Hopefully this is a sign of things to come moving forward into the next contract negotiations with the teachers and principals.

  13. Mark
    April 6, 2016 at 10:01 pm

    Sorry. One more comment but I again have to give Mr. Goewey his due.

    He is the first superintendent in the history of this school district to correctly use the words “cut” or “reduction” in a sentence.

    Last year, previous Superintendent Halsey told the public that he cut the budget, yet it increased from 79 million to 82 million.

    They all did this. Put out a proposal that increased spending by 4-5 million dollars, then scaled it back to a 2-3 million increase, and told us they were making “cuts.” HUH?!!?! It never made sense to me. I always figured I was just a private sector simpleton if the six-figure superintendents of the past were somehow able to use “new math” to tell me they were making “cuts”.

    Goewey actually DID cut the budget and has the right to use the word.

    I don’t approve of the 2.5% and will vote no but Goewey is playing this honestly and upfront. Good for him and thank you.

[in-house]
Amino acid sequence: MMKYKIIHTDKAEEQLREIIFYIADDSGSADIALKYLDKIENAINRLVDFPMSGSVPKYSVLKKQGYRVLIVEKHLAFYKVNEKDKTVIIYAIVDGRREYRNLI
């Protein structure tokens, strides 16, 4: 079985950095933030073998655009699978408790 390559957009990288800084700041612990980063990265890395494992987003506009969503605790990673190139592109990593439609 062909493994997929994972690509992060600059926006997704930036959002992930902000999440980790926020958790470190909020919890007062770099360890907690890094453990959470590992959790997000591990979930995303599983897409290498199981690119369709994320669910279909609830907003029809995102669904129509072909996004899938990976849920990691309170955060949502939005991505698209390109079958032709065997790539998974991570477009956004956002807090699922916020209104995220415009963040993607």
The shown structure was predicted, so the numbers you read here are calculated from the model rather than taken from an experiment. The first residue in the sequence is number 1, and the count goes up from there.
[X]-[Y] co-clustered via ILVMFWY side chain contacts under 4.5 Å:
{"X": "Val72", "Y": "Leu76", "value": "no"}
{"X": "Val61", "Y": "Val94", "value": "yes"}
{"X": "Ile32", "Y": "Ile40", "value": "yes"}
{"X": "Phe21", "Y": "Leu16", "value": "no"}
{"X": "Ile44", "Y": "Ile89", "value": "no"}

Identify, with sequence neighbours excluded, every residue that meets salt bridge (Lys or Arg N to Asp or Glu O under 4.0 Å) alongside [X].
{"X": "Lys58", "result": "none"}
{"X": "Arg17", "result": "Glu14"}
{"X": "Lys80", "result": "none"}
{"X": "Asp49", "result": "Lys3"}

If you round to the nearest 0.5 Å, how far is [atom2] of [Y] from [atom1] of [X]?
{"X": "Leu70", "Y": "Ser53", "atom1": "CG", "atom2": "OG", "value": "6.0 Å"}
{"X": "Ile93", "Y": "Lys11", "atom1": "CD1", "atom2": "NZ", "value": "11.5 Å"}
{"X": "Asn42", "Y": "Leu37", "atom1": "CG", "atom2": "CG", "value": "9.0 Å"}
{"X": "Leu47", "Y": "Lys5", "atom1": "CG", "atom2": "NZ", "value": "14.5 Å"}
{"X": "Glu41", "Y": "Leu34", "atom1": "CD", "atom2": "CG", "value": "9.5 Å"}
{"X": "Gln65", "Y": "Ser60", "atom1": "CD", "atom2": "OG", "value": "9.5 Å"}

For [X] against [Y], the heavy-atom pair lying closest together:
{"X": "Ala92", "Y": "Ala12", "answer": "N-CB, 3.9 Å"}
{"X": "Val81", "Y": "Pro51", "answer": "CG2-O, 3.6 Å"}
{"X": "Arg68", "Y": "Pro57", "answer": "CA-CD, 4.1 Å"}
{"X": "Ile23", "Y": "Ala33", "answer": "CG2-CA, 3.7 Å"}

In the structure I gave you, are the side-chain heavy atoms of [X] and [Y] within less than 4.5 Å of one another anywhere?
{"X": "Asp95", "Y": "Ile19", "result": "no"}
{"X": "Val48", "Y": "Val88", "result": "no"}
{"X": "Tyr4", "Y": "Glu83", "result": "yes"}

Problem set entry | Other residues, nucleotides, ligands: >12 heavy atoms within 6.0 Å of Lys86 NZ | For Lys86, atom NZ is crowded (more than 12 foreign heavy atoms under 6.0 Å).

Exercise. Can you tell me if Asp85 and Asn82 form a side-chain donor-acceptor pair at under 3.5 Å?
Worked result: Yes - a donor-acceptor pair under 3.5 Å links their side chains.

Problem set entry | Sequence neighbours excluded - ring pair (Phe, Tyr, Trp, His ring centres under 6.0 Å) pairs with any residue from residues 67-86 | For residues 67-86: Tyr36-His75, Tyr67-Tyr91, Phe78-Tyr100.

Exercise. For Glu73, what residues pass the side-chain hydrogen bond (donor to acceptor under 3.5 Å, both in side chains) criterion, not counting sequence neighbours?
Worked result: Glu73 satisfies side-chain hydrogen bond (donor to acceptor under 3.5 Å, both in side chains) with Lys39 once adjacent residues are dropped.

The cuts are a start. I also have been critical in the past of the entire board. I believe that the majority of this current board is prepared to take on OCTA in the next round of negotiations. Unless Fran Hoefer is willing to run for board, it may be logical to consider keeping Mrs. Allen and Mrs. DelConte on the board. Haessig is the former president of OCTA – watch out and be very wary of him getting a majority on his side – we do not need a fox guarding the hen house in the negotiations.

  14. Cassandra
    April 7, 2016 at 2:33 am

    Well the superintendent is not taking a pay cut the numbers that were provided are incorrect. They are numbers from a previous year. He is not giving up anything. If someone were to do some digging they would be surprised at some information that might find out about the superintendent. I really wish someone would speak out.

  15. BestConservative
    April 7, 2016 at 9:40 am

    It was all too predictable how this movie would end. The overall administration and teacher compensation was extremely high for far too long. Do some research and you will find recent buyouts were extremely generous. You have only the teacher’s union and Democrat state representatives who bow to their whims to blame. The fun has just begun. Housing prices will soon slump as Fitz closes and folks move. Businesses will struggle with $12.50 per hour requirements, and when folks have less from lower wages to spend. If you ever voted Democrat I don’t feel the slightest bit of sympathy. Enjoy the socialist mess you liberals have made.

  16. John Henry
    April 7, 2016 at 9:56 am

    B-ville spends $4000 a year less per student and outperforms OCSD. If we spent that we reduce the budget $15 million dollars and have 25% tax reduction with sports and band